The next version of Microsoft’s still dominant PC operating system, Windows 8, “represents an incredible opportunity to bring the benefits of the personal cloud to billions of PC users.” That’s according to a blog post written by the Group Program Managers for SkyDrive, Microsoft’s consumer cloud product.
When it was launched back in August 2007, SkyDrive was described as “a personal ‘harddrive’ on the internet”. It’s now a major player in the consumer cloud market, competing with other big guns like Apple’s iCloud and Amazon Cloud Drive. Also SkyDrive competes with innovative startups like Dropbox and SugarSync. The Microsoft blog post presents some statistics about the consumer cloud market, along with big claims for its future.
To help define the market, Microsoft’s Omar Shahine and Mike Torres outlined three distinct categories of personal cloud solutions:
- File clouds; using the traditional file and folder structure. Examples: SkyDrive, Dropbox
- Device clouds; “A device-centric view of cloud storage “hides” the folders from you.” Example: iCloud
- App clouds; “they fully embrace the cloud [and] can enable new ways to collaborate, organize, and share.” Examples: Google Docs, Evernote
That’s a good way to break down the market, although you could argue that the first two categories will eventually converge.
According to Microsoft, mainstream users are “just starting” to use personal cloud products. Its own study, based on “an anonymous panel of MS customers,” has 22% of people storing their photos online and 1% storing documents online. One suspects the figures would have been significantly higher if the panel had been comprised of Google Docs users. Microsoft customers are more likely than most to be still reliant on desktop software. Even so, I’m rather surprised at how low the online document storage figure is.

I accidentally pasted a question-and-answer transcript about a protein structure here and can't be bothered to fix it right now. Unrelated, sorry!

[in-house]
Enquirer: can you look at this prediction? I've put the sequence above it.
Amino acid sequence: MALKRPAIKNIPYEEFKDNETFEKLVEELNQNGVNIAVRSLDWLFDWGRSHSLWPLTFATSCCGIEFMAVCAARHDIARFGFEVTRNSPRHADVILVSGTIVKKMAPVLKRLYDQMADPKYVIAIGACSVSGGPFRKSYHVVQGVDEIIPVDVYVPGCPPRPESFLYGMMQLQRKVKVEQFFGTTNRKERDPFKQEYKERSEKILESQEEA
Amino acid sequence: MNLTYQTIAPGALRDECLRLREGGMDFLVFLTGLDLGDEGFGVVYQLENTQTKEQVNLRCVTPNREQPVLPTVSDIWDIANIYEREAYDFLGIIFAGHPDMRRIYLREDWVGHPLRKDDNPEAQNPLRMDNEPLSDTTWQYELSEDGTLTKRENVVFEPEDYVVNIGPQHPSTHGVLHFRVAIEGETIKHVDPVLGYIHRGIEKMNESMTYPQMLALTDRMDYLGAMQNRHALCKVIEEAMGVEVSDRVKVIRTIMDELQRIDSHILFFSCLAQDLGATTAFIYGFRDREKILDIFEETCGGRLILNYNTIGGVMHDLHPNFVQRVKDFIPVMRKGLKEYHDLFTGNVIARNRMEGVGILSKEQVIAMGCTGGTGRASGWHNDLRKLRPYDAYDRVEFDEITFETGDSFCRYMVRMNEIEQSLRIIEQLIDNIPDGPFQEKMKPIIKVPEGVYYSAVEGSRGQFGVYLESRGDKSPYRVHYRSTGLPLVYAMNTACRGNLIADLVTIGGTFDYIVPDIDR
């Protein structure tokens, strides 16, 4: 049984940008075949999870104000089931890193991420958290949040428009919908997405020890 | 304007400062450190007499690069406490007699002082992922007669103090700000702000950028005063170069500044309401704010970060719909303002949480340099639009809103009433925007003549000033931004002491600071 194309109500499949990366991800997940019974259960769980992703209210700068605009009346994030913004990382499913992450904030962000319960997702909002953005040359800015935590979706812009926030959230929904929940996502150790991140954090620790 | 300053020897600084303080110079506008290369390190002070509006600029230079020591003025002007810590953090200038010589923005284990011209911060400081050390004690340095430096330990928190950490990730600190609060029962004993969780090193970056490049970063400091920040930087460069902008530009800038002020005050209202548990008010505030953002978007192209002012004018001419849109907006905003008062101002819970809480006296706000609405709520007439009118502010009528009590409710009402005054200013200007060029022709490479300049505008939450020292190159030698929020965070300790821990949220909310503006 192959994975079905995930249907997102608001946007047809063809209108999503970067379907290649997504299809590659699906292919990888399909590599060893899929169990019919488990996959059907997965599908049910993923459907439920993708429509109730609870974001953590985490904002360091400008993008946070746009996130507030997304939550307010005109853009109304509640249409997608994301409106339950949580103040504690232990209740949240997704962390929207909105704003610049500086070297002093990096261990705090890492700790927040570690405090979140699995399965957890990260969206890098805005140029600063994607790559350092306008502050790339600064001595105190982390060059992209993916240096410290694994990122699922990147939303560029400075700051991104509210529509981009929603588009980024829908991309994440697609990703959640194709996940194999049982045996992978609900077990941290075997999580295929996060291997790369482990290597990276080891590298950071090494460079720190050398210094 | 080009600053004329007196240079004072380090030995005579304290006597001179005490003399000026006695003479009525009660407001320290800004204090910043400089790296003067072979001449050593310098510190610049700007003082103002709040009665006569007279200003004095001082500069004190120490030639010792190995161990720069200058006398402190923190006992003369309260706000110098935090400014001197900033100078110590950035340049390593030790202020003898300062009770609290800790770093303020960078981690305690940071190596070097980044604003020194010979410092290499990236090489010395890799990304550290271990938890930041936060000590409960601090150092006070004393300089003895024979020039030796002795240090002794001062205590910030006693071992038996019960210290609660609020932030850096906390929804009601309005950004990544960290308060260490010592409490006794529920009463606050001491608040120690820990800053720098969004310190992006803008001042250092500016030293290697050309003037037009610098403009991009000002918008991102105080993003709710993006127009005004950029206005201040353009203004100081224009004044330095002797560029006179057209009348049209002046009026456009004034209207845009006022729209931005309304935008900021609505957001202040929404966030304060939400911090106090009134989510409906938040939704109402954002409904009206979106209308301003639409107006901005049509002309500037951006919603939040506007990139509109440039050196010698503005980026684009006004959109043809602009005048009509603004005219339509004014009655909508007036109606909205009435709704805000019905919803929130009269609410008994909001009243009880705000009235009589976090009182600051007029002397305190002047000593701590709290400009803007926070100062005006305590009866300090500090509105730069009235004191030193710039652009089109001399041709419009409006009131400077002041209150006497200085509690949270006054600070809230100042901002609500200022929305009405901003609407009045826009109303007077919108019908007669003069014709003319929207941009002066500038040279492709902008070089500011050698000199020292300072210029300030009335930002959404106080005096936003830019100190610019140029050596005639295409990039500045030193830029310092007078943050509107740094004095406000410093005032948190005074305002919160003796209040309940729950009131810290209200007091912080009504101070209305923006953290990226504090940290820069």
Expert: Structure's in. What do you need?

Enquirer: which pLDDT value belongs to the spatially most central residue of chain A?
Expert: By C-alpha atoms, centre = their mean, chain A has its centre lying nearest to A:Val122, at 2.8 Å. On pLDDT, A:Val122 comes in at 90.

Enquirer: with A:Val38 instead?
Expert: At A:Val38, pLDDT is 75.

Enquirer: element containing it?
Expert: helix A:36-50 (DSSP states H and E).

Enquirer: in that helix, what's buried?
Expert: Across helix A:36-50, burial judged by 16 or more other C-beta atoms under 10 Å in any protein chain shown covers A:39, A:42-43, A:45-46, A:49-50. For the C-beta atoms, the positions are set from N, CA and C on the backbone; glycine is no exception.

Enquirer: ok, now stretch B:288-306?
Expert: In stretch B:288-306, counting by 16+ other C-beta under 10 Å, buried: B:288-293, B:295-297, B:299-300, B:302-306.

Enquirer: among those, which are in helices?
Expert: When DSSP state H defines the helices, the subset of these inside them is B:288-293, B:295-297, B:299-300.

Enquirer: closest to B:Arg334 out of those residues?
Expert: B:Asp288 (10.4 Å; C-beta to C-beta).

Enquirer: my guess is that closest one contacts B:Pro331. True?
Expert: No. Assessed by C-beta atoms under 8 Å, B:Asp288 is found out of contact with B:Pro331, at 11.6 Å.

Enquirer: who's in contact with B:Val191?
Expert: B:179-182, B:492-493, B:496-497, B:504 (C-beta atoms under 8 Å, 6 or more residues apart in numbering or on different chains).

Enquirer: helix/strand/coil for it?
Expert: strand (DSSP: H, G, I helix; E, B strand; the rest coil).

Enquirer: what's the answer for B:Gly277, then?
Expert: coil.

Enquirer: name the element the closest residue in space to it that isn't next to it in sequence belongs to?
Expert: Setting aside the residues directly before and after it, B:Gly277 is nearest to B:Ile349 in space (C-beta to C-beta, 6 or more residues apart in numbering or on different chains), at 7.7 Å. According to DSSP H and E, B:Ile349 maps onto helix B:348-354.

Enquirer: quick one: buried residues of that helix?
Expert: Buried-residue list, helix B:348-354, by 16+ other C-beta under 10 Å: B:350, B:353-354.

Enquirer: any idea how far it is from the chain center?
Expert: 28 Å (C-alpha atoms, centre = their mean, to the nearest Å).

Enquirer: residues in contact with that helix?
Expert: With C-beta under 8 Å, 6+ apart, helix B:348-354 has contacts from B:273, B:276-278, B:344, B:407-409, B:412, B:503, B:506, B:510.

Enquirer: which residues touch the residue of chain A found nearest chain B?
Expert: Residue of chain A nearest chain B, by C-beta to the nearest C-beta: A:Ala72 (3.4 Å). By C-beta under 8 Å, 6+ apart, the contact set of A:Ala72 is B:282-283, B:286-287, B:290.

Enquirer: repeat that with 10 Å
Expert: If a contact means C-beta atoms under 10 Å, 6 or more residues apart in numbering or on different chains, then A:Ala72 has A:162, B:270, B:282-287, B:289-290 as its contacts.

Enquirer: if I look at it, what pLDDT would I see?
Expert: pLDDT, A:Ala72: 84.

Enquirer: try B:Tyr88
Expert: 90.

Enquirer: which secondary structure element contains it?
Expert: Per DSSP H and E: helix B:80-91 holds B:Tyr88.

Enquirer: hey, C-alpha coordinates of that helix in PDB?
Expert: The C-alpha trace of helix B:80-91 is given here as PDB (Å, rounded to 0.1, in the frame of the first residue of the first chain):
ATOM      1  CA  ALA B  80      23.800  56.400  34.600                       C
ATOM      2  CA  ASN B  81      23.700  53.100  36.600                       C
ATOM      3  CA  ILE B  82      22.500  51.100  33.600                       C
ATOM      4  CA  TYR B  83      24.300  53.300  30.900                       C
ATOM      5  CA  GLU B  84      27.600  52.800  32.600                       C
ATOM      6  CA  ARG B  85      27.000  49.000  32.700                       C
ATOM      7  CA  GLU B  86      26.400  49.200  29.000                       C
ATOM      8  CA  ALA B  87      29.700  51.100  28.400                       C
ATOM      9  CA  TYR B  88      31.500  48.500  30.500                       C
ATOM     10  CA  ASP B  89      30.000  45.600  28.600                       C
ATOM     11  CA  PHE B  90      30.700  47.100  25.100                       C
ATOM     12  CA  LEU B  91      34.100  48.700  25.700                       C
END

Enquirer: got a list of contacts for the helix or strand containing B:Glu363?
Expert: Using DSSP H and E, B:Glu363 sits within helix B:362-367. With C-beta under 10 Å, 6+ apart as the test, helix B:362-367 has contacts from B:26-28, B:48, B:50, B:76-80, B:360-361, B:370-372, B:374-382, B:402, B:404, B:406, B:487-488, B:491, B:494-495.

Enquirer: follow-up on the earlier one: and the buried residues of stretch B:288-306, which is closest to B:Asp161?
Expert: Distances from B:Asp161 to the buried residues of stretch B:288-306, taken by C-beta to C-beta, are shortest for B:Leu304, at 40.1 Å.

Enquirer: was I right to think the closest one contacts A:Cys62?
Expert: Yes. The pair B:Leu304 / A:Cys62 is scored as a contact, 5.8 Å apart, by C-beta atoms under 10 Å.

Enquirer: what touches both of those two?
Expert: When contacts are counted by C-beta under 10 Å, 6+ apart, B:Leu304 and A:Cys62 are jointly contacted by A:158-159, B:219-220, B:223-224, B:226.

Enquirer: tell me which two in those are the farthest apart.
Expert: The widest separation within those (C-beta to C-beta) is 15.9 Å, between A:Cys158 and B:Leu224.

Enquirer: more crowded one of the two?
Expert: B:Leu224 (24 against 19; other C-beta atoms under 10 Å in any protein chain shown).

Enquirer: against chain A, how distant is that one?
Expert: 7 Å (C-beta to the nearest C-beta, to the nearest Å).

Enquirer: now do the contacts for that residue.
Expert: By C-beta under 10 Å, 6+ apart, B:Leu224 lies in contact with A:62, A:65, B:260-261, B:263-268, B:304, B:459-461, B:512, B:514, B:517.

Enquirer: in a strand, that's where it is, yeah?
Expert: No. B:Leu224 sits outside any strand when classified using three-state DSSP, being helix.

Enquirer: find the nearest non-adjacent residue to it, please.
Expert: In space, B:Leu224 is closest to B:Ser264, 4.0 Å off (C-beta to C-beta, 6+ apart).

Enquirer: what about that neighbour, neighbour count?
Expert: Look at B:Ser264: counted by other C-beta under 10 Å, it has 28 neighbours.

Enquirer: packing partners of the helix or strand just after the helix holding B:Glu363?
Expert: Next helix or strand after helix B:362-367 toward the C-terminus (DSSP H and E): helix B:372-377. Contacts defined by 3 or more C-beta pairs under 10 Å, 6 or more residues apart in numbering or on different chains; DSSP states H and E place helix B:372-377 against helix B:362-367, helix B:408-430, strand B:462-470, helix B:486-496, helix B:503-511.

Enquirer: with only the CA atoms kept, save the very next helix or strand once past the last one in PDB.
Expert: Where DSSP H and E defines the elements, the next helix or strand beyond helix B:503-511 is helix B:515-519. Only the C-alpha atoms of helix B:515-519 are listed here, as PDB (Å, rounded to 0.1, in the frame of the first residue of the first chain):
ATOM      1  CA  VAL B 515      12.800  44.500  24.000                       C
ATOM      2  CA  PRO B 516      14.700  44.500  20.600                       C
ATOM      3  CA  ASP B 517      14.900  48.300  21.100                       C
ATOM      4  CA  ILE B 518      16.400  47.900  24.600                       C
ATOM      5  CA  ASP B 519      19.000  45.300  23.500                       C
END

Microsoft also polled three groups of what it calls power users: college students, gadget fans, and photo enthusiasts. One statistic mentioned in the blog post is that “over 70% of Dropbox users also use Google Docs.” Microsoft claims that “using these different tools can lead to formatting loss, extra steps and versions, or just confusion, since each tool has its own limitations.” Which apparently is where Microsoft’s SkyDrive comes in: presto, it solves all of that confusion. Google would argue that users should just use Google Docs for all of their documentation needs, which would also solve the confusion.
Frankly none of the above study results are very convincing, given that Microsoft was polling Microsoft users. The statistics that I was impressed by were SkyDrive’s own usage numbers:
- How many people are storing content on SkyDrive every month – 17M (October 2011)
- How much content are they uploading and sharing every month – 360M files (October 2011)
- How many devices connect to SkyDrive every month – 5M devices (October 2011)
How Does SkyDrive Compare to Other Offerings?
SkyDrive offers 25GB of free personal storage, with a limit of 100MB per individual file. That’s a lot more storage than iCloud, which only offers 5GB of free storage. However the iCloud free storage limit doesn’t include your photos or purchased music, apps, books, and TV shows.
So a big benefit of SkyDrive is the generous amount of free storage. However, as with many Microsoft online products, it’s not a complete consumer cloud solution. There is also something called Windows Live Mesh, which syncs files between devices. The two products, SkyDrive and Windows Live Mesh, exist side by side. That’s confusing for the consumer.
The bottom line though is that if you use mostly Windows devices (e.g. PC, tablet, smartphone), then SkyDrive is probably going to be a great solution for you. It’s already being integrated into Windows Phone. If you use mostly Apple products, then iCloud is probably your best bet.
Or you can use an OS-independent service like Amazon Cloud Drive or Dropbox, products which often offer more functionality. As RWW Channels Editor David Strom wrote in a product comparison mid-year, neither iCloud or SkyDrive “is anywhere near what a cloud storage provider such as Box.net or Dropbox.com can provide in terms of features.”
It’s unclear what impact Windows 8 will end up having on the evolution of SkyDrive, but it’s significant that Microsoft is so bullish on the consumer cloud. After all, Windows is the epitome of the desktop computing paradigm. If you’ve used SkyDrive, let us know your thoughts in the comments.